you go on a trip to Austria, you certainly have to visit the world-famous
Schonbrunn Palace and Park – one of the most significant cultural monuments
ever built. Simply take a look at Schonbrunn’s exquisite gardens, taking
up an area of 197 acres, and you will discover an impressive combination
of flower arrangements and architectural features, a product of the ambition
of great architects and of human aspiration to beauty and harmony.
a game park, the estate came into Habsburg possession through Maximilian
II in 1569. Maximilian II expanded the park area and transformed it into
an imposing residence, which housed the families of the Habsburg rulers
and their successors for decades ahead. In 1612, the name of the estate
was changed from Katterburg to Schonbrunn. The story goes that during one
of his hunting trips, Emperor Matthias came across a “Schöner Brunnen”
(the German for beautiful spring) which gave the name of the castle.
it was during Maria Theresa’s reign (1740-1780) when Schonbrunn acquired
its modern appearance, as we see it today. It is said that Maria Theresa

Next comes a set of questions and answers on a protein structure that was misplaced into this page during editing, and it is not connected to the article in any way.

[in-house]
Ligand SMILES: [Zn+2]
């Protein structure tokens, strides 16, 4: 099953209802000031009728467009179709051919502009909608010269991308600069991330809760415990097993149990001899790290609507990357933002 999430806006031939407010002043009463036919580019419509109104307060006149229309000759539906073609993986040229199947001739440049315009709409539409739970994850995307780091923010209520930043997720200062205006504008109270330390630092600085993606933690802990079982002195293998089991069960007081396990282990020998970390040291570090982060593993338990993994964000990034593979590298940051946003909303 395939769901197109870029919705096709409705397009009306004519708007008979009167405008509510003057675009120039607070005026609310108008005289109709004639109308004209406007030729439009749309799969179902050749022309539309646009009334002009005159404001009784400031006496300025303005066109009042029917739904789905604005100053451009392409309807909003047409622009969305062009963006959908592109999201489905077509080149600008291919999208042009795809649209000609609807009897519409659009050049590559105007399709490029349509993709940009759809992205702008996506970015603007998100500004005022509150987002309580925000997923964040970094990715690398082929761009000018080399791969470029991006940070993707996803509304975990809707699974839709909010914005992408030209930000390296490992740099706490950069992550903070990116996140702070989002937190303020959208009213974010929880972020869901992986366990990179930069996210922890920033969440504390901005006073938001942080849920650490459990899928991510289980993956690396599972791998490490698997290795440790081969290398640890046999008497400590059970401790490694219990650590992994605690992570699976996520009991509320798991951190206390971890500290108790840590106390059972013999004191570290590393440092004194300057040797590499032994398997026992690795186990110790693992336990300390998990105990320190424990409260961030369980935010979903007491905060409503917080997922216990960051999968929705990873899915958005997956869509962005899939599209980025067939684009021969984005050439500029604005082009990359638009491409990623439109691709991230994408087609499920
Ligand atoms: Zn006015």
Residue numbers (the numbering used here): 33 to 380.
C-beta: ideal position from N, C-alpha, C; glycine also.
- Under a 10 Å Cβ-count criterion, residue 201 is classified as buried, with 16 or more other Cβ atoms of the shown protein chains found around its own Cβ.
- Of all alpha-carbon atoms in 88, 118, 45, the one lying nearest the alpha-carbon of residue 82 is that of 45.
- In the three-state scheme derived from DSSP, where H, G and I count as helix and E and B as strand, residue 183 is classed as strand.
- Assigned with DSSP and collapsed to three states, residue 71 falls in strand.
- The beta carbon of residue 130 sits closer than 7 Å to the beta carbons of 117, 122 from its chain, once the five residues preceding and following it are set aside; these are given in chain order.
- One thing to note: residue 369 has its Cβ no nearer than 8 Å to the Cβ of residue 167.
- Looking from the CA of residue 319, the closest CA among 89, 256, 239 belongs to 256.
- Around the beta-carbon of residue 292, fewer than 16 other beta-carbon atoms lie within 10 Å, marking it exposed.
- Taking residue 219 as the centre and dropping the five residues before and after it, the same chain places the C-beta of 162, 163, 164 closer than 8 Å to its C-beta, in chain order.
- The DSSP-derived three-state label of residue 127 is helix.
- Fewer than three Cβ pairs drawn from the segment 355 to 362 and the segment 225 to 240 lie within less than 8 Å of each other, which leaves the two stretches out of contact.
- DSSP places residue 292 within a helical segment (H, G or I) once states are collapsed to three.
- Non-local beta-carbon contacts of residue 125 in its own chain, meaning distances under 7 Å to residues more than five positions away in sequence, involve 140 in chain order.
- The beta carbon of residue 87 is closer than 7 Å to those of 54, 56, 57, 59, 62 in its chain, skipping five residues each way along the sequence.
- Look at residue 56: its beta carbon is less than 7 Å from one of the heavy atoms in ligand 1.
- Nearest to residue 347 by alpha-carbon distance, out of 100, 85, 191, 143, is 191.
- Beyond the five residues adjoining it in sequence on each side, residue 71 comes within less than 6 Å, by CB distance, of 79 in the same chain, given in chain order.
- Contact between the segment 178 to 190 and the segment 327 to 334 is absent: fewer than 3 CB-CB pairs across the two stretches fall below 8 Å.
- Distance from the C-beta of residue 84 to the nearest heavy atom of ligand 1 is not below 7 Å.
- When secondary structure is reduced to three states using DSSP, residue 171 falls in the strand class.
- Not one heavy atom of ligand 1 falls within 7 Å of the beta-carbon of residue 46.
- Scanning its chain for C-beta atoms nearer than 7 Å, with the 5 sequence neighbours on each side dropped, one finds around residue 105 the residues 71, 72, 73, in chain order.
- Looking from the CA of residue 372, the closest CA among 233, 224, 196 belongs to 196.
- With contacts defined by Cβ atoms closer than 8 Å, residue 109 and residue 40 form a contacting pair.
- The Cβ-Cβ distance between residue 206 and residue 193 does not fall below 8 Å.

had a special fondness for the palace and its gardens which definitely
influenced the construction of this masterpiece. Since our interest is
pointed towards parks and gardens, let’s concentrate on the history and
design of Schonbrunn’s majestic green areas. The process of building of
the park can be divided in four main stages:
three architectural elements are the most impressive ones in the park of
Schonbrunn. On a hill behind the palace stands the Gloriette, a triumphal
arch which consists of a central section and two lateral wings. A spiral
staircase leads the visitor to a twenty-meter-high platform which offers
a panoramic view of the park and the surroundings.
of the original game park (during Maximilian II’s reign)
of an artificial park after the French Baroque model (done by Jean Trehet
and design by the architects Nicolaus Jadot and Adrian von Steckhoven
(1753-1775): flowerbeds, trimmed trees, plants, alleys, etc.
and introduction of new elements by Ferdinand von Hohenberg (1775-1780)
such as the Neptune Fountain, the Roman Ruin and the Gloriette
the foot of the hill is located the Neptune Fountain featuring the water
god Neptune holding his trident. Right next to him is a sculpture of Thetis
kneeling down and begging for a safe voyage of her son, Achilles, to Troy.
the Neptune Fountain is the monument of the Roman Ruin, a masterful imitation
of an ancient ruined place. Remnants of statues, unreadable inscriptions
and reeds around the pool nearby the monument create an authentic ruined
and abandoned site. It is believed that this place is Carthage – a town
on the north coast of Africa defeated by Rome. It is said that the Habsburgs
were so impressed by the power of the Roman Empire that they wanted to
have it symbolically re-created in their park.
talking about Schonbrunn, there is one thing we cannot miss – the Schonbrunn
Tiergarten. Built in 1751, it is the oldest zoo in the world that is still
operating and attracting millions of visitors each year.